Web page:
7OS06 Well-Being at Work
- March 7, 2022
- Posted by: Harry King
- Category: CIPD Level 7
About this Unit
This unit emphasizes the significance of workplace well-being to both employer and employee performance. This unit equips learners with a thorough grasp of the connections between work, health, and well-being, as well as an appreciation for the social duties that organizations bear toward their employees, based on fundamental theories in this field. The unit fosters critical thinking on how well-being initiatives can be developed, supported, and incorporated into people practices for strategic benefit while encouraging students to engage with critical critiques of the well-being agenda.
What you will learn
Under this Unit, the learner will examine definitions of well-being and why this notion is essential to employers and employees. As a learner under this unit, you will examine fundamental theories linked to workplace well-being and how organizations deal with it. As a learner, you will also develop an awareness of the linkages between work, health, wellness, and people management practices and procedures, as well as identify individual and group elements that influence workplace well-being. The learner will also investigate the relationship between well-being and employer outcomes, including how it increases performance and productivity. Additionally, you will understand how organisational culture affects employee well-being and the impact of well-being efforts, as well as the obstacles that employers may face when personalizing initiatives for employees.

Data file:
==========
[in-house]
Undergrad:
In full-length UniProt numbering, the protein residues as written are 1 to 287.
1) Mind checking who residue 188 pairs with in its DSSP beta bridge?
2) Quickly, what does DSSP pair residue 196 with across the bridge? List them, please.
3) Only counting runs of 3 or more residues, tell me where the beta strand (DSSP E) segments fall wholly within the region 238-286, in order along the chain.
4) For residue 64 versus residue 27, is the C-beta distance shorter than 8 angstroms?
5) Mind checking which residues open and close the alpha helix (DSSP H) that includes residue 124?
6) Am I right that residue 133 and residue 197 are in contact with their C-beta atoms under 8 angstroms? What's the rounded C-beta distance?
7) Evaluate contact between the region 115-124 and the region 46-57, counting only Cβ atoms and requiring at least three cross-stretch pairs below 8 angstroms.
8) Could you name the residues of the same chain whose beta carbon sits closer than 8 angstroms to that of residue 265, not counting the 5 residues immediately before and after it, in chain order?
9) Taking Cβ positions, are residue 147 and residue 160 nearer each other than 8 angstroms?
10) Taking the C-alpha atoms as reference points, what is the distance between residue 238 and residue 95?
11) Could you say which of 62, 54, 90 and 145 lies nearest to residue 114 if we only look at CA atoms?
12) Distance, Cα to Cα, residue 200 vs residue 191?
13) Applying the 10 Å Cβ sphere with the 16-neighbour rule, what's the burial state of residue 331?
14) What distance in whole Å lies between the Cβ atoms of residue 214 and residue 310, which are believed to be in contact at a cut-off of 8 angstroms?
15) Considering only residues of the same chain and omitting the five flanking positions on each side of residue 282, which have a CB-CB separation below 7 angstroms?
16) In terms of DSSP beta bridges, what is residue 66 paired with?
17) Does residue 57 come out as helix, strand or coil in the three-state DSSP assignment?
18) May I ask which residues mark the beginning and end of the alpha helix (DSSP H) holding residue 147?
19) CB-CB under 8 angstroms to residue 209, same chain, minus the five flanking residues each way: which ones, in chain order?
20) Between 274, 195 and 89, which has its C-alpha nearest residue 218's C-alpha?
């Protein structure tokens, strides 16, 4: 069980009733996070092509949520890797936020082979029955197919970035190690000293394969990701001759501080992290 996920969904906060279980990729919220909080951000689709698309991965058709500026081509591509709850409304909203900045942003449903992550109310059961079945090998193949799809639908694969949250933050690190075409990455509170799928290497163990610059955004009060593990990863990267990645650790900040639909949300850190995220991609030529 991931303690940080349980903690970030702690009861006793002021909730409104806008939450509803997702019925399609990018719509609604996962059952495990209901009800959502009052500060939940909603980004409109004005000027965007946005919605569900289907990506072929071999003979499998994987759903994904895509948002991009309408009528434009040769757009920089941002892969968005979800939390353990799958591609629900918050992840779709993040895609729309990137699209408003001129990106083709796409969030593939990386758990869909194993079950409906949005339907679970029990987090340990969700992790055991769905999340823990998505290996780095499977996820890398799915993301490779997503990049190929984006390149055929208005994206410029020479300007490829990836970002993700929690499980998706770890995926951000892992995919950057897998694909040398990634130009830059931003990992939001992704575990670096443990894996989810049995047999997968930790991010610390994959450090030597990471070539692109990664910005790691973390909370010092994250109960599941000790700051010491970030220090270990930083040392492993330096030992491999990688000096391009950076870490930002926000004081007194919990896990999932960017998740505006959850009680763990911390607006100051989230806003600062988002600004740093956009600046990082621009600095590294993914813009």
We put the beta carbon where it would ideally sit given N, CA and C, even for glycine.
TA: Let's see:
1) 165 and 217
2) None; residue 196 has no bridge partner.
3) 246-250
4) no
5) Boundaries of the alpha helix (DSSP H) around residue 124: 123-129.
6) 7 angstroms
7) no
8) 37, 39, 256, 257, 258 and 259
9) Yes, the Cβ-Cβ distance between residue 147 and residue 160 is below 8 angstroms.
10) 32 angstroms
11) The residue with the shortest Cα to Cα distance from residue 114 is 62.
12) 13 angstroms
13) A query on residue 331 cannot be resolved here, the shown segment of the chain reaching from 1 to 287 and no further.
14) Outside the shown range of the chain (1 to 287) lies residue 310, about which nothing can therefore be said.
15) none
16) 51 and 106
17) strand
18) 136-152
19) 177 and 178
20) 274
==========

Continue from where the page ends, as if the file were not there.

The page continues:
This unit is suitable for persons who:
This unit is essential for the following groups of people: